“Nobody really understood how big the problem was, until it was playing out,” Najarian, the RSA security researcher, said. “We all accepted that there was fraud taking place, organized fraud and local fraud. But what we didn’t realize…was that the organized fraud was very aggressive and very efficient and moving very, very large sums of money offshore.”

The investigative journalism site ProPublica calculated in July that from March to December 2020 the number of jobless claims added up to about two thirds of the nation’s labor force, when the actual unemployment rate was 23%. Though some people lose a job more than once in a given year, that alone could not account for the vast disparity.

The thievery continues. Maryland, for example, in June detected more than half a million potentially fraudulent unemployment claims in May and June alone. Most of those attempts were blocked, but experts say nationwide, many are still getting through.

The Biden administration has acknowledged the problem and has blamed it on the Trump administration.

“There is perhaps no oversight issue inherited by my Administration that is as serious as the exploitation of relief programs by criminal syndicates using stolen identities to steal government benefits,” Biden said in a statement in May, as his government announced a Justice Department COVID-fraud task force.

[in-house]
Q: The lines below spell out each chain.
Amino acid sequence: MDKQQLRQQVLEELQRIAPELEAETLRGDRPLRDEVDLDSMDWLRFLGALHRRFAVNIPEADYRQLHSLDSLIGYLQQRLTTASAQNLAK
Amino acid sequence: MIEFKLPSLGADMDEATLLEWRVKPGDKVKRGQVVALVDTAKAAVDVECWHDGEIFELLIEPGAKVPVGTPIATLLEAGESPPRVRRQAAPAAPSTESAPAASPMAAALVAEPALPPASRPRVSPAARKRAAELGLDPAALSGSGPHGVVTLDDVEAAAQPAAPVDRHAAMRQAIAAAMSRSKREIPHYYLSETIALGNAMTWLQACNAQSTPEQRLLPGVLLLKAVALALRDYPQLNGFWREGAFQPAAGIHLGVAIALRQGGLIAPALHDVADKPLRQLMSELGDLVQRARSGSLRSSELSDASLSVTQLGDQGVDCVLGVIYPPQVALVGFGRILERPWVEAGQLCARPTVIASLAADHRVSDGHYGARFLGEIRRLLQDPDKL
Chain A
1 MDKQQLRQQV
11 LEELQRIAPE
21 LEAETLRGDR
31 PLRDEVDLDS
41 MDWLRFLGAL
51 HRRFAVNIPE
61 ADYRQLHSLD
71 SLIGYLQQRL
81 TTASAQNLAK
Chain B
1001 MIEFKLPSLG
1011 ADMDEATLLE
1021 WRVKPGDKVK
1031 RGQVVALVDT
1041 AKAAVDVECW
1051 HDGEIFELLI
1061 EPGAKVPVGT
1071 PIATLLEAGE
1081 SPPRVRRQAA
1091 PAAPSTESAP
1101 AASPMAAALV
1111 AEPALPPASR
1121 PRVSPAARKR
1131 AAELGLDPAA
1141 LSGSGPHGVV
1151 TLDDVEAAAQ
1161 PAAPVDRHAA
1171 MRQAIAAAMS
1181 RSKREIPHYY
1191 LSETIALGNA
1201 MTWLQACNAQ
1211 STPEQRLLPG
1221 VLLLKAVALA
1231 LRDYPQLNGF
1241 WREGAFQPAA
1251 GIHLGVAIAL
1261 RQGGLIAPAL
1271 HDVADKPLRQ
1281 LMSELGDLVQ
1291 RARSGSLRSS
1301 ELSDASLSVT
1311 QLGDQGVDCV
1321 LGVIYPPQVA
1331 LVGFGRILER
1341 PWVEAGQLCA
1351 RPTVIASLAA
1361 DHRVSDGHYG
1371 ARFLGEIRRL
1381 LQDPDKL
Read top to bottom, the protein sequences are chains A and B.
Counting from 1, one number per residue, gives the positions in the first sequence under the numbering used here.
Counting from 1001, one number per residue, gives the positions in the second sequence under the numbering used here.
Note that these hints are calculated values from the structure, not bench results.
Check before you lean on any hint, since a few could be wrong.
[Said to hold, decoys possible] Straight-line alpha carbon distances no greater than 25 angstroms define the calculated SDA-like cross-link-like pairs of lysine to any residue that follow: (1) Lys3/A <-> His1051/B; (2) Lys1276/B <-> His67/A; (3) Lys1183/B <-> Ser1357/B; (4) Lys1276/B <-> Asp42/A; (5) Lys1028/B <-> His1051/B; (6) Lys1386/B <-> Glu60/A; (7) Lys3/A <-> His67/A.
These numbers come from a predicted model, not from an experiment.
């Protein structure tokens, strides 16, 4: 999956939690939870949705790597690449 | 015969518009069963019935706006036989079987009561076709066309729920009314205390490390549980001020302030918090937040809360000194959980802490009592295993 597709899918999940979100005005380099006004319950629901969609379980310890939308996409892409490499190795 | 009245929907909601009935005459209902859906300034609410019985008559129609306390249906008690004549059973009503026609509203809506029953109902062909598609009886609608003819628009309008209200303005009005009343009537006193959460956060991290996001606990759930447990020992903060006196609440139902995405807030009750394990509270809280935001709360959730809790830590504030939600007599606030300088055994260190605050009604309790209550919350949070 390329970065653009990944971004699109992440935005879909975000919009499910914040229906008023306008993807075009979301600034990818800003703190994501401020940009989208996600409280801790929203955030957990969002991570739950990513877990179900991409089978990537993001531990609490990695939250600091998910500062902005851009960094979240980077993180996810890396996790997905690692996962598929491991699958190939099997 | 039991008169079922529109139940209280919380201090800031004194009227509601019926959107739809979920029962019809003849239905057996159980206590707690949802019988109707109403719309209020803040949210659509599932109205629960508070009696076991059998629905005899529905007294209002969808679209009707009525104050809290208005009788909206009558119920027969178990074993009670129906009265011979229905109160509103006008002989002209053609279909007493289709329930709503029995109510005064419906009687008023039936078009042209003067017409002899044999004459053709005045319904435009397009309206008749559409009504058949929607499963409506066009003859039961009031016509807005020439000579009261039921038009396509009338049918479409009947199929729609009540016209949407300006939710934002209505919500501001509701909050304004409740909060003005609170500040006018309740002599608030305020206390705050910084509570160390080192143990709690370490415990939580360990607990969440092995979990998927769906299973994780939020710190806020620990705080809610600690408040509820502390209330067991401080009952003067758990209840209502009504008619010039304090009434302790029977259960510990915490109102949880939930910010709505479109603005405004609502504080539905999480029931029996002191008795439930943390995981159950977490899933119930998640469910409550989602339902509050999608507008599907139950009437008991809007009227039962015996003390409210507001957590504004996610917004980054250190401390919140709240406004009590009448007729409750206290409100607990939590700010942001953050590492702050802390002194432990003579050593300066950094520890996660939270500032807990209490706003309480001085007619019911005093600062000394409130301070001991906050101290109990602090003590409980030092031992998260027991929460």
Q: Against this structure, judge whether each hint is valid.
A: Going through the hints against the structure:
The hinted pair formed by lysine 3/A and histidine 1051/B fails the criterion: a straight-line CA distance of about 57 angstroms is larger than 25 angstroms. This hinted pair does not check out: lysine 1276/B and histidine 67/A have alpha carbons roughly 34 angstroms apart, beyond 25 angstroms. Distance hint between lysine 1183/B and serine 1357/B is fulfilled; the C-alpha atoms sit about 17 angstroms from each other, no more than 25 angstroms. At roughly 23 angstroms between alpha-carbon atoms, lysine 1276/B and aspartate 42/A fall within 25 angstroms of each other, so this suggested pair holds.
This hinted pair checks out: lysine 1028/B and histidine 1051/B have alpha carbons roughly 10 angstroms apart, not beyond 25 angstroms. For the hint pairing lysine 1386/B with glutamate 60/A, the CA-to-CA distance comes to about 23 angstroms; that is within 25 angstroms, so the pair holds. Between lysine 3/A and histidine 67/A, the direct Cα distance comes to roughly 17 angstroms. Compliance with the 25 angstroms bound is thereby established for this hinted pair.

The Biden administration has allocated $2 billion to shore up state unemployment systems. That appears to be badly needed, because states have failed to take basic steps to improve identity verification, according to the Department of Labor Inspector General.

In a February memo, the IG reported that as of last December, 22 of 54 state and territorial workforce agencies were still not following its repeated recommendation to join a national data exchange designed to check Social Security numbers. And in July, the IG reported that the national association of state workforce agencies had not been sharing fraud data as required by federal regulations.

Twenty states failed to perform all the required database identity checks, and 44 states did not perform all recommended ones, the inspector general found.

“The states have been chronically underfunded for years–they’re running 1980s technology,” Hall said.

Not a victimless crime